The stars are heavier than we thought

10 in zone V (Laigle et al. 2016). At each redshift, the distribution is normalized separately to emphasize the temperature distribution at all redshifts. With increased redshift, fewer galaxies adapt to lower temperatures. Right: box-ground average value with standard deviation of optimum gas temperature at different background times (with average determined by objects in 2 Gyr wide buckets and no galaxies matching the temperature range limits). The average temperature is rising from ~ 28 to ~ 36 K from today to 12 Gyr, while the spread is decreasing. Unit: The European Physical Journal E (2022). DOI: 10.1140 / epje / s10189-022-00183-5″ width =”800″ height =”377″/>

Left: temperature of best adaptation from 10 to 50 K versus background time from a sample of 139,535 COSMOS2015 galaxies with S / N> 10 in zone V (Laigle et al. 2016). At each redshift, the distribution is normalized separately to emphasize the temperature distribution at all redshifts. With increased redshift, fewer galaxies adapt to lower temperatures. Right: box-ground average value with standard deviation of optimum gas temperature at different background times (with average determined by objects in 2 Gyr wide buckets and no galaxies matching the temperature range limits). The average temperature is rising from ~ 28 to ~ 36 K from today to 12 Gyr, while the spread is decreasing. Credit: The European Physical Journal E (2022). DOI: 10.1140 / epje / s10189-022-00183-5

A team of astrophysicists at the University of Copenhagen has reached a significant conclusion about star populations beyond the Galaxy. The result could change our understanding of a wide range of astronomical phenomena, including the formation of black holes, supernovae and why galaxies are dying.

For as long as humans have studied the heavens, what stars look like in distant galaxies has been a mystery. In a study published today in The Astrophysical JournalA team of researchers at the Niels Bohr Institute at the University of Copenhagen is challenging previous understandings of stars beyond our own galaxy.

Since 1955, the composition of stars in other galaxies in the universe has been assumed to be similar to that of the hundreds of billions of stars within ours – a mixture of large, medium, and low mass stars. But with the help of observations from 140,000 galaxies across the universe and a wide range of advanced models, the team has tested whether the same distribution of stars that is evident in our galaxy applies elsewhere. The answer is no. Stars in distant galaxies usually have larger masses than those in our “local neighborhood”. The finding has a significant impact on what we think we know about the universe.

“The mass of stars says a lot to us astronomers. If you change mass, you also change the number of supernovae and black holes resulting from huge stars. “So our result means we have to rethink a lot of things we once assumed, because distant galaxies look quite different from our own,” said Albert Sneppen, a graduate student at the Niels Bohr Institute and the study’s lead author.

Light from 140,000 galaxies was analyzed

The researchers assumed that the size and weight of the stars in other galaxies were similar to ours for more than fifty years, for the simple reason that they could not observe them through a telescope as they could with the stars in our own galaxy.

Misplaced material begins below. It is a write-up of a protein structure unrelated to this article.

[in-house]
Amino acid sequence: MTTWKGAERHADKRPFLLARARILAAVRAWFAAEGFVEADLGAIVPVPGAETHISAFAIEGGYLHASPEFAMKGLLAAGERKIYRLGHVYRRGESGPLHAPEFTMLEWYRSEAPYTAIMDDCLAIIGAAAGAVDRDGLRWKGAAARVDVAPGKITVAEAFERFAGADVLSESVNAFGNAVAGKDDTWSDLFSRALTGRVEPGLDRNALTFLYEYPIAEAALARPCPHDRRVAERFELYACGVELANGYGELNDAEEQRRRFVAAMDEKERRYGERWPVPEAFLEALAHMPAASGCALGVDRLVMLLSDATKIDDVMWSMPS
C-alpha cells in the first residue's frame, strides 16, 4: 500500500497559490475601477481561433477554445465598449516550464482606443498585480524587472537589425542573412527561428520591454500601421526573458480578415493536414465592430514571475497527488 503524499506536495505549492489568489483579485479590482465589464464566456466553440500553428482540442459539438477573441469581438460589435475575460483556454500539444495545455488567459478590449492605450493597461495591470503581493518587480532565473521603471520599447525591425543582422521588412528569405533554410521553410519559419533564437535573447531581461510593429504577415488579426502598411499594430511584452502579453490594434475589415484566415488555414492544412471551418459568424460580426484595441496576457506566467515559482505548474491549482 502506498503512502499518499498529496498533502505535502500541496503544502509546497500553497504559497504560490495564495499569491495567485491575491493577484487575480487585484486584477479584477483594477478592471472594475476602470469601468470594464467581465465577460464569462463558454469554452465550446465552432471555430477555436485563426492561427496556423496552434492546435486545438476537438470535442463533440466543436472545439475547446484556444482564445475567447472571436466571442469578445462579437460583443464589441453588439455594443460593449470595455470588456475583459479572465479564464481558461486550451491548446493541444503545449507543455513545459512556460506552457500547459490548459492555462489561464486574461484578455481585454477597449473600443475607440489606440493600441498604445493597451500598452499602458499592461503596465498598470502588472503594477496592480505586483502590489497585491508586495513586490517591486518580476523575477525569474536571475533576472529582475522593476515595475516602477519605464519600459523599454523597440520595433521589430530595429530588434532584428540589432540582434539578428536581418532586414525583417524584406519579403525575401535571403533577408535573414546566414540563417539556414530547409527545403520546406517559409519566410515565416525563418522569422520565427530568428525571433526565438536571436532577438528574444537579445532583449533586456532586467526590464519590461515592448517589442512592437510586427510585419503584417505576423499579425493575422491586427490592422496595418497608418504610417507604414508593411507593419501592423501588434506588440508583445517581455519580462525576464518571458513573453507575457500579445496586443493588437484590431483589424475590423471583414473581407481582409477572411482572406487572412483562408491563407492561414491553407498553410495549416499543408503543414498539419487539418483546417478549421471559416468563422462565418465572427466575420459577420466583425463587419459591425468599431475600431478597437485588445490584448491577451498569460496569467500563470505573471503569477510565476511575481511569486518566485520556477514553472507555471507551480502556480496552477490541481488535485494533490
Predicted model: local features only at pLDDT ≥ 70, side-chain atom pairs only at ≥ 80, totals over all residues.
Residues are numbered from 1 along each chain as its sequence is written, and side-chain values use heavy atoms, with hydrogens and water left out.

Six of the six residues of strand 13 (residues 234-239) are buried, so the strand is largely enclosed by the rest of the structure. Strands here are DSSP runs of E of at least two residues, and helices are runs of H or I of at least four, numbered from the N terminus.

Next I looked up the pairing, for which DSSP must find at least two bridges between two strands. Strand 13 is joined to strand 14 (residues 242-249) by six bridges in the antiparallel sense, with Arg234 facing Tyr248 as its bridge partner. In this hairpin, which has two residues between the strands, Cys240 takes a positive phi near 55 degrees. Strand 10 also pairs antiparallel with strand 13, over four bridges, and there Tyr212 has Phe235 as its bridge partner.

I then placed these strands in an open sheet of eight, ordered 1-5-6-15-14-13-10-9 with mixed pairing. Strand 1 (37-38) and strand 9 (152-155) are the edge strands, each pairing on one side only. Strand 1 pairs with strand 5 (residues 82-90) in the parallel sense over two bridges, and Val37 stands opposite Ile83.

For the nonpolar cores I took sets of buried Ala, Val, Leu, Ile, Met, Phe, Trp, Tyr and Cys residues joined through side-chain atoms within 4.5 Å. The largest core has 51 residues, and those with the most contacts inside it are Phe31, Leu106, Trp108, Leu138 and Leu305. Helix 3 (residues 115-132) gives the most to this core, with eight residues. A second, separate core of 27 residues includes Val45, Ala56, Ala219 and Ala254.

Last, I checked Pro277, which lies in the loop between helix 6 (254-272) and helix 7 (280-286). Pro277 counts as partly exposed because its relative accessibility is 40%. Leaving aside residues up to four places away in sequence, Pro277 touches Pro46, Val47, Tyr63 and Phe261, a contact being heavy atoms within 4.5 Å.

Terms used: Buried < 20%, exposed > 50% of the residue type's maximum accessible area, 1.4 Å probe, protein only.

Distant galaxies are billions of light years away. As a result, only light from their most powerful stars reaches Earth. This has been a headache for researchers around the world for years, as they could never find out exactly how the stars were distributed to other galaxies, an uncertainty that led them to believe that they were distributed like the stars in our Galaxy.

“We could only see the tip of the iceberg and we knew for a long time that expecting other galaxies to look like ours was not a very good thing. However, no one has ever been able to prove that the other galaxies form different star populations. “This study allowed us to do just that, which could open the door to a deeper understanding of the formation and evolution of galaxies,” said Charles Steinhardt, an associate professor who co-authored the study.

In the study, researchers analyzed light from 140,000 galaxies using the COSMOS catalog, a large international database of more than one million light observations from other galaxies. These galaxies are distributed from the nearest to the farthest point of the universe, from which light has traveled twelve billion years before it became observable on Earth.

Huge galaxies die first

According to researchers, the new discovery will have a wide range of implications. For example, it remains unsolved because galaxies die and stop forming new stars. The new result suggests that this can be explained by a simple trend.

“Now that we are better able to decode the mass of stars, we can see a new pattern; less massive galaxies continue to form stars, while more massive galaxies stop giving birth to new stars. “This suggests an extremely global trend in the death of galaxies.”


The early universe full of star galaxies


More information:
Albert Sneppen et al, Implications of a Temperature-dependent Initial Mass Function. I. Photometric pattern adjustment, The Astrophysical Journal (2022). DOI: 10.3847 / 1538-4357 / ac695e

Provided by the Niels Bohr Institute

Reference: New discovery for distant galaxies: Stars are heavier than we thought (2022, May 25) Retrieved May 26, 2022 from https://phys.org/news/2022-05-discovery-distant-galaxies-stars- heavier.html

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